BY CHIOMA UMEHA
The Nigeria Healthcare Excellence Award (NHEA) has reaffirmed its aim, saying that it was developed to stem medical capital flight and to rebuild hope in Nigeria's health system.
Briefing journalists about this year's NHEA award ceremony, which is scheduled for Friday, June 24, 2022,
Dr. Anthony Omolola, Chairman of the NHEA Advisory Board, stated that the award, which recognizes excellence in the health sector, has led to better healthcare.
According to Omolola, the former President of the Association of General Private Medical Practitioners of Nigeria (AGPMPN), the award has instilled value in many healthcare institutions across Nigeria, as each facility strives to be a winner.
"Every year, Nigeria loses hundreds of health professionals to other nations, as well as a significant amount of money due to medical tourism." This is the program's 8th edition. The NHEA award is here to stay, and we are the first healthcare excellence award in West Africa; we began in Nigeria and have since expanded globally.
"This year's prize is really remarkable and gratifying," said the Chairman of the NHEA Advisory Board. The purpose of the NHEA award is to recognize and reward excellence in the healthcare field. When you do well and people notice, you have a better chance of doing even better. That's exactly what we need in our broken healthcare system.
"Despite the hurdles, we must ensure that the negative impact of medical tourism in Nigeria is kept to a minimum, and that is our goal." NHEA has emerged as the most important accelerator for Nigeria's healthcare progress."
The 8th edition of the Nigeria Healthcare Excellence Awards (NHEA) is slated to take place this weekend in Lagos, with over 156 nominees in roughly 31 different prize categories.
Omolala said, "NHEA has 31 categories as the awards now recognise quality contributions to healthcare from Diaspora."
He added, "We have 31 categories in this year's award. We produced a new category this time. It's called the oncology category, TB. "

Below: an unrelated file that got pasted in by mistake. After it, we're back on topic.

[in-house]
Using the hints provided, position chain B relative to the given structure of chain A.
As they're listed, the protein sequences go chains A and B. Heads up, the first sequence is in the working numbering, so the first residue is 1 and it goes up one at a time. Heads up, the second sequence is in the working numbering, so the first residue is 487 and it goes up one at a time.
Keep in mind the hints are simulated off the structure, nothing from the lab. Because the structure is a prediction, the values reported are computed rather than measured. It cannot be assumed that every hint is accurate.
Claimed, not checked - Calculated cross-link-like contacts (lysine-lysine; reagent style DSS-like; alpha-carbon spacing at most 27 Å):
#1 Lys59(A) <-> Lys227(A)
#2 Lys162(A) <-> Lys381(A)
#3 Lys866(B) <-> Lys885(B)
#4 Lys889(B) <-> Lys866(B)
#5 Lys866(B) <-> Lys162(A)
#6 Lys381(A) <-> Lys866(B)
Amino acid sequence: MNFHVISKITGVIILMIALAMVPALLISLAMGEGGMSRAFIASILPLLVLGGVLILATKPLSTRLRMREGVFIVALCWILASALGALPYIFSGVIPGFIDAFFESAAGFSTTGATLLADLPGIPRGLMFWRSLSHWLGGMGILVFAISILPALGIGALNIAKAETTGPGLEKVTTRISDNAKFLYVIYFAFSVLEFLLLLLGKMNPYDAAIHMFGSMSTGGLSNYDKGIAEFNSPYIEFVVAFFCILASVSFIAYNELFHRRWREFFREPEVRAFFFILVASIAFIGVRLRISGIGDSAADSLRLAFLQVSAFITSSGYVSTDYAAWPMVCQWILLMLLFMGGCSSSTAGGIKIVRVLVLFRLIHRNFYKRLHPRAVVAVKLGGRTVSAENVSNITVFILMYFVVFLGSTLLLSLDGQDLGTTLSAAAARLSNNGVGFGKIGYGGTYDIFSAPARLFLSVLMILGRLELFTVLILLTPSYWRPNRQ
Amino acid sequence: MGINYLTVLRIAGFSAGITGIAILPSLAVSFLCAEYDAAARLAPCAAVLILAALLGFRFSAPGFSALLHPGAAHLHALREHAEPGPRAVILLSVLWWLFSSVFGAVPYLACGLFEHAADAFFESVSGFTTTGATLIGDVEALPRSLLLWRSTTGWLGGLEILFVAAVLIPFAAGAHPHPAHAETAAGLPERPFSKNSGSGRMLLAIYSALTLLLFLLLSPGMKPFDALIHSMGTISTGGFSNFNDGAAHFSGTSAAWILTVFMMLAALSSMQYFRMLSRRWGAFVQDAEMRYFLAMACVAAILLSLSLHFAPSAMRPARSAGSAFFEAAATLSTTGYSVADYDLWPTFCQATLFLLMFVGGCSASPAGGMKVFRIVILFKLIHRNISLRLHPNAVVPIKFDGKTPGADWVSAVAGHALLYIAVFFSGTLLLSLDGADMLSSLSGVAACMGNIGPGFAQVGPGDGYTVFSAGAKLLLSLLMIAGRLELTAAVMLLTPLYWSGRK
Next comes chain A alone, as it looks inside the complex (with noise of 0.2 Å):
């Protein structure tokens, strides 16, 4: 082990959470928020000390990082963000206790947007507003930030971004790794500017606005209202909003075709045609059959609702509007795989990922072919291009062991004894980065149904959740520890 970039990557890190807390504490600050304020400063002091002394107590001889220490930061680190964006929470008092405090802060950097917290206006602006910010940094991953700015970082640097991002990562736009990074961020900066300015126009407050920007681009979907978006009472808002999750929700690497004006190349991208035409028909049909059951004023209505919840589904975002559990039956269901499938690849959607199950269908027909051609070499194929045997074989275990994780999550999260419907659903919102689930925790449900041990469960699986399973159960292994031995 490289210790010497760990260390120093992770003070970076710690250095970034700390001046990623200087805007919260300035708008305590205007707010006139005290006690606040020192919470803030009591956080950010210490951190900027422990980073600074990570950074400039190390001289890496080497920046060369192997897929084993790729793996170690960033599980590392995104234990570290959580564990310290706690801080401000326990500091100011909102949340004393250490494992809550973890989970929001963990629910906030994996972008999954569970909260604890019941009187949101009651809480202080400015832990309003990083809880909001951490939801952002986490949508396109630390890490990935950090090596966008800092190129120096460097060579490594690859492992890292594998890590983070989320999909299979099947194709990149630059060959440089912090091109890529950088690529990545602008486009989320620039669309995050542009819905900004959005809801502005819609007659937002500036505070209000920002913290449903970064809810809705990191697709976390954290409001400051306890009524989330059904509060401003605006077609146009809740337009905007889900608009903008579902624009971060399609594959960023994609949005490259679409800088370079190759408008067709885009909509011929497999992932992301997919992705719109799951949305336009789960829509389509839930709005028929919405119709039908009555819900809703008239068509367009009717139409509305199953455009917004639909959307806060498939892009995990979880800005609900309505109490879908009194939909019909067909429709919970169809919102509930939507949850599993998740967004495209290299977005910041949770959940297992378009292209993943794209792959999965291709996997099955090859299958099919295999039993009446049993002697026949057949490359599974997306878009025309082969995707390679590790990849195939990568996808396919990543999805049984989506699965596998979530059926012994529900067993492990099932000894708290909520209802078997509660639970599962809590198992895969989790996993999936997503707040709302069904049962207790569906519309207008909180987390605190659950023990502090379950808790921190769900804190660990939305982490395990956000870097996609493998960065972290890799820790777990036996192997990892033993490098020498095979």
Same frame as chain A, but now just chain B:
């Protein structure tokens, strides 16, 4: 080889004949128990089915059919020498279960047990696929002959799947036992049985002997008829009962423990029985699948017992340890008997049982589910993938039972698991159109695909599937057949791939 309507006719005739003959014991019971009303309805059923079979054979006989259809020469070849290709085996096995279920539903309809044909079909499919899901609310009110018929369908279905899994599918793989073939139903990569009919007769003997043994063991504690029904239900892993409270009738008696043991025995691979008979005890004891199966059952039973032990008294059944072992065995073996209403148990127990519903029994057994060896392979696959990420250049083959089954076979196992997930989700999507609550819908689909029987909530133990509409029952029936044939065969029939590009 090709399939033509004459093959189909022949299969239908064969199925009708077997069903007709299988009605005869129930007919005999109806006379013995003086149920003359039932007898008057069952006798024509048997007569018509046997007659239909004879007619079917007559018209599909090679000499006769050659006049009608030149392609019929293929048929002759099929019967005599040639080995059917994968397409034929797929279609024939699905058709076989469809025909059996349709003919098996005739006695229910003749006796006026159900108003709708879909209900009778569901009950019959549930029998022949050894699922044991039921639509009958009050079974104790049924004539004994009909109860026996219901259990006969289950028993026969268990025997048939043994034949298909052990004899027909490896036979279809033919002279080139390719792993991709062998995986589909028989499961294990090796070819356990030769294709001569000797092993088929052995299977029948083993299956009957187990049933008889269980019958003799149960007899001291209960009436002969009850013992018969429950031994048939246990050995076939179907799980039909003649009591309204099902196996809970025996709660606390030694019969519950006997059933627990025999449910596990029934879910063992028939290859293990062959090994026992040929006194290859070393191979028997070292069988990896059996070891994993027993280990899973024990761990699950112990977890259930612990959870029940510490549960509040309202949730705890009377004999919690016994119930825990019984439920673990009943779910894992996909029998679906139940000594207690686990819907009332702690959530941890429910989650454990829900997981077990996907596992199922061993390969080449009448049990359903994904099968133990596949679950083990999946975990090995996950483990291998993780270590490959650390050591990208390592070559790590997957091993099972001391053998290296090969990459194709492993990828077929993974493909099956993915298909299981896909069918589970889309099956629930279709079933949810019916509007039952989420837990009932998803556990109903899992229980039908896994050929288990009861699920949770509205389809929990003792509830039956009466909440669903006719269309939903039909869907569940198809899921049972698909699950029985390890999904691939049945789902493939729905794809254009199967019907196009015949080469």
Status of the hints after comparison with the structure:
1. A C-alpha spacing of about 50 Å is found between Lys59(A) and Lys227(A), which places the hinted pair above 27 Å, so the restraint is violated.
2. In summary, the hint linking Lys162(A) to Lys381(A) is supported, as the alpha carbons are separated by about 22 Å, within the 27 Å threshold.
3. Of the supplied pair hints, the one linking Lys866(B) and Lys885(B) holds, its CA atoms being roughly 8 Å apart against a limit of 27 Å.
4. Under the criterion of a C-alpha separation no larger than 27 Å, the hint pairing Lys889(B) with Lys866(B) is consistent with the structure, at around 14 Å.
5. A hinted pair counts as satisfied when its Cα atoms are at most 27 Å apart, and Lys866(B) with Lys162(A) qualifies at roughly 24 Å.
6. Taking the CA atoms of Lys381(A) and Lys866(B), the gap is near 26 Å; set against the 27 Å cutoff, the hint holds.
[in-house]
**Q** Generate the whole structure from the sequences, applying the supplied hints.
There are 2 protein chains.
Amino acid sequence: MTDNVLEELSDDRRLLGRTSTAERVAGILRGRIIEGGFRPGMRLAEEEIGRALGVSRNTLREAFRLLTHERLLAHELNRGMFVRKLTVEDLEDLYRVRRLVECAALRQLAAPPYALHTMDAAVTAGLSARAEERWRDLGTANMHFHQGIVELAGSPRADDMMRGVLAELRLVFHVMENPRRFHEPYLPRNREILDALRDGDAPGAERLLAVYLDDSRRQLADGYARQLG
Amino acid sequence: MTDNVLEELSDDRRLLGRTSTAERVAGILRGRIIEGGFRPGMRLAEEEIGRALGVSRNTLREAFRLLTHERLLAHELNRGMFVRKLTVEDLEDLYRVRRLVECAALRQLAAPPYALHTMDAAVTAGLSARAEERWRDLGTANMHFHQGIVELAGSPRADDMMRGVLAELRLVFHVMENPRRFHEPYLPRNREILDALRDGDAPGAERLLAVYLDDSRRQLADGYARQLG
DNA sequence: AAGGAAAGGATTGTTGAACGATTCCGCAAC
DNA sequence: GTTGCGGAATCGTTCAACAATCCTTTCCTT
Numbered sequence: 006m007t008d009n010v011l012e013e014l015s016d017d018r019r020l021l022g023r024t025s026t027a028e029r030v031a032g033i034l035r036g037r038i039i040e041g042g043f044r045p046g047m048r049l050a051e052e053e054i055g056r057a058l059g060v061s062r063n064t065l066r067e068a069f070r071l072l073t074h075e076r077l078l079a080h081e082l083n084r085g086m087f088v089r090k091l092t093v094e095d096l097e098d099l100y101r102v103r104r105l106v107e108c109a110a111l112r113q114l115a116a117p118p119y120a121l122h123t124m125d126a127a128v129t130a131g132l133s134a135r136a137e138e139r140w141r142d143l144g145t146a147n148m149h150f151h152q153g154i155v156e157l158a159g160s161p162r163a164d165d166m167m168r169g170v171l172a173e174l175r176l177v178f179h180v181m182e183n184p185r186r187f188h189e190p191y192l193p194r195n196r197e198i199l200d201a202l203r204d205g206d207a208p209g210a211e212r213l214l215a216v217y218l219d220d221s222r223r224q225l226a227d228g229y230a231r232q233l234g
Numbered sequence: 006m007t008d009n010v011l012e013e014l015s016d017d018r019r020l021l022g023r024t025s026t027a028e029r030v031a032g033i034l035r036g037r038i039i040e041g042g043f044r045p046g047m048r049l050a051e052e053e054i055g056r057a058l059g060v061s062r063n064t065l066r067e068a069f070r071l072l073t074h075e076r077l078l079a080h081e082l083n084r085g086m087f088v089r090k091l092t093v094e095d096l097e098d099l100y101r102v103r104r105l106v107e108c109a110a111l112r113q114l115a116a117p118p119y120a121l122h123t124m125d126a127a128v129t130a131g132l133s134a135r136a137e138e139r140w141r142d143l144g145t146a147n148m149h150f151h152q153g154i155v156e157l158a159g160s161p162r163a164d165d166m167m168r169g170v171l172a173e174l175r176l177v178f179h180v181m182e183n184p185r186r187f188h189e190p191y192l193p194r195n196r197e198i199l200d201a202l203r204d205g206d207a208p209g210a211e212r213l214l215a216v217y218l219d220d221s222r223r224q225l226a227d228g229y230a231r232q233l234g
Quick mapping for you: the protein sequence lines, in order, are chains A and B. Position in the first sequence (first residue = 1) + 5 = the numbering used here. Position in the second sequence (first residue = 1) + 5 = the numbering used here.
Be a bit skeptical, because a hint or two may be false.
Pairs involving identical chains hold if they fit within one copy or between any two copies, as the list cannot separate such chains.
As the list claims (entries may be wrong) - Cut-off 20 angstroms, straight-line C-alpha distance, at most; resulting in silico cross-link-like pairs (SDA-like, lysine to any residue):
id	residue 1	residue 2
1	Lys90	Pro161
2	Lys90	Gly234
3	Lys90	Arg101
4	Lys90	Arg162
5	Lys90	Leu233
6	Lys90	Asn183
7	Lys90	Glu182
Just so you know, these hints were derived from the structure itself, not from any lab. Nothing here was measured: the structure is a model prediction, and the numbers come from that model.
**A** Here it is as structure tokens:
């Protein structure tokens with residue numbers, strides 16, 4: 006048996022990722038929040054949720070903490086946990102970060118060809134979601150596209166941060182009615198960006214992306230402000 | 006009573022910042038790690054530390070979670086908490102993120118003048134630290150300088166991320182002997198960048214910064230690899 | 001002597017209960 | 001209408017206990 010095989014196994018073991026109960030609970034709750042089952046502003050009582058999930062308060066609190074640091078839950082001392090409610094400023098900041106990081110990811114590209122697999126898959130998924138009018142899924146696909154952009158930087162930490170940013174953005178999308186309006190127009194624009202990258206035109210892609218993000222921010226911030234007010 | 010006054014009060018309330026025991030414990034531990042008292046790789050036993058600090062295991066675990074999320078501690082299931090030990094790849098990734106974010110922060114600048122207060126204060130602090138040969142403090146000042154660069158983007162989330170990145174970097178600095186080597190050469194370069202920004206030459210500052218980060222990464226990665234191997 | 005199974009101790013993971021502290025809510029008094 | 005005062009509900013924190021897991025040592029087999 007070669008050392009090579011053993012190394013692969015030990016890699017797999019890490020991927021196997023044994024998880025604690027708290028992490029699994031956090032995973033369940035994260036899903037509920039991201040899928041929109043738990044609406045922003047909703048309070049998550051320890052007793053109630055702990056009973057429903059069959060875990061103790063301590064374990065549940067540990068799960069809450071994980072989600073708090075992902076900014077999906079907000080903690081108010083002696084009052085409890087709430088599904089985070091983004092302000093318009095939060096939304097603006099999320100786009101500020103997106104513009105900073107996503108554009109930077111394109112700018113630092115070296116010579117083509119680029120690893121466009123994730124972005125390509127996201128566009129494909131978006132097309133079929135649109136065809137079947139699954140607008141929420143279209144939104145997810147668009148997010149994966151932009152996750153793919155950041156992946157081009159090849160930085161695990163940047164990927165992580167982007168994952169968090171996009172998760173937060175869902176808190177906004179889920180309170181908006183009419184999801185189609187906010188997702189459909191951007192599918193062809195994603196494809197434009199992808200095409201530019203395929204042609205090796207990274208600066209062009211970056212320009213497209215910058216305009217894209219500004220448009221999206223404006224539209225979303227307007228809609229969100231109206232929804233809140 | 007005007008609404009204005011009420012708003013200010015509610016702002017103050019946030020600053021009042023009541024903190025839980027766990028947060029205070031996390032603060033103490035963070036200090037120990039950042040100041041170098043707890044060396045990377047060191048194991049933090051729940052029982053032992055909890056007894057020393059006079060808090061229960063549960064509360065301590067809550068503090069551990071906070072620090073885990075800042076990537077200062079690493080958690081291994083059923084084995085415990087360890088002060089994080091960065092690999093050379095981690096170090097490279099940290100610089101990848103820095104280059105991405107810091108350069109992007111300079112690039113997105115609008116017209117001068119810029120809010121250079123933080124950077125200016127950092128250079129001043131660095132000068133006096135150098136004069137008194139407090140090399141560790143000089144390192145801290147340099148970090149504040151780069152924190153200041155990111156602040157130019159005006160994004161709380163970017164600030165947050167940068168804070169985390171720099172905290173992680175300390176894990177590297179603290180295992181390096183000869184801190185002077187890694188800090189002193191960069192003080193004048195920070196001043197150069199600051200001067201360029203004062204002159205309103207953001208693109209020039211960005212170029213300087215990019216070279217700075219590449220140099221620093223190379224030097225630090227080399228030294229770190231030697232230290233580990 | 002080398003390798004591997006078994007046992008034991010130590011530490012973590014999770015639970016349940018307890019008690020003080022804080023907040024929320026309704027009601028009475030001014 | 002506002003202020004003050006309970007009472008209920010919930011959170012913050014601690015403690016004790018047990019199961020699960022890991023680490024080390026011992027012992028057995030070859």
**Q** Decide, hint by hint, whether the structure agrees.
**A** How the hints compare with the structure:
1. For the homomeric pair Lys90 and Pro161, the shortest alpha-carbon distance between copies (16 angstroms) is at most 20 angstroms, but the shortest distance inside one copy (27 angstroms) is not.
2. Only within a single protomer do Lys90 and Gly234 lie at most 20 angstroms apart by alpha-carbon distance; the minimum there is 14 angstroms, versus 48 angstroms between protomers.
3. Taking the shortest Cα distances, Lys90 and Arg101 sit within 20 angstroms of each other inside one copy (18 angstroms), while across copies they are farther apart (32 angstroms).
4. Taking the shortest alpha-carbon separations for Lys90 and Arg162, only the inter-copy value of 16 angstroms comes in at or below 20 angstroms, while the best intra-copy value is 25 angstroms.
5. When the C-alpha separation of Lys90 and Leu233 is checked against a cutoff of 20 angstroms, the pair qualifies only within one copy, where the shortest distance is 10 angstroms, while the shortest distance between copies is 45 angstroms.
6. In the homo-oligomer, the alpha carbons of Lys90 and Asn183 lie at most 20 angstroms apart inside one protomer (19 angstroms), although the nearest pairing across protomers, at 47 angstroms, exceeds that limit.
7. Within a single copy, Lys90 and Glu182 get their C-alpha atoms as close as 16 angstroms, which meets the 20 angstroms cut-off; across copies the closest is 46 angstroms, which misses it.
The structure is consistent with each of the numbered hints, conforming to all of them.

The NHEA awards is striving to stem medical tourism to the nearest minimum, while also attracting some of Nigeria's brain abroad back home.
"Currently, we have quite a lot of healthcare personnel leaving this country. We want to retain them," adding that "We are encouraging our colleagues in the diaspora that they can come and work in this facility that is of international standard that we can all be proud of. It's a way of telling the world we have some good facilities despite all the challenges in Nigeria. People can still come and visit some of these facilities for healthcare delivery and also in terms of healthcare supplies.
"The award is getting bigger. The awareness is getting greater. It has gone global this time.
In terms of voting, he stated that "there has been a substantial improvement in terms of voting," adding that "about 60,000 votes are still being counted."
"NHEA has helped to get out excellent and cheerful news to Nigerian professionals in the Diaspora since when you are practising overseas, the only news you will generally hear is bad news," said Dr. Olaokun Soyinka, a member of the NHEA Advisory Board.
When we hear and see facilities that are performing well, our healthcare professionals will consider visiting them before considering going abroad, and such facilities will help to ensure job satisfaction and contribute to raising the bar in maintaining standards. If that environment exists, there will be more job satisfaction, and they will be more likely to return.
Dr. Wale Alabi, NHEA Project Director, also spoke, saying that they want to work with NS&Young to look at their methodology in order to improve the award, and that NHEA is more than just an award; it is an accreditation in the healthcare field.
"We'd like a third party to investigate what we do." They'll be scrutinizing our procedures."
Royal fathers such as the Alaakin, Governors, Commissioners, and Healthcare Professionals, among other healthcare stakeholders, are anticipated to attend the award ceremony.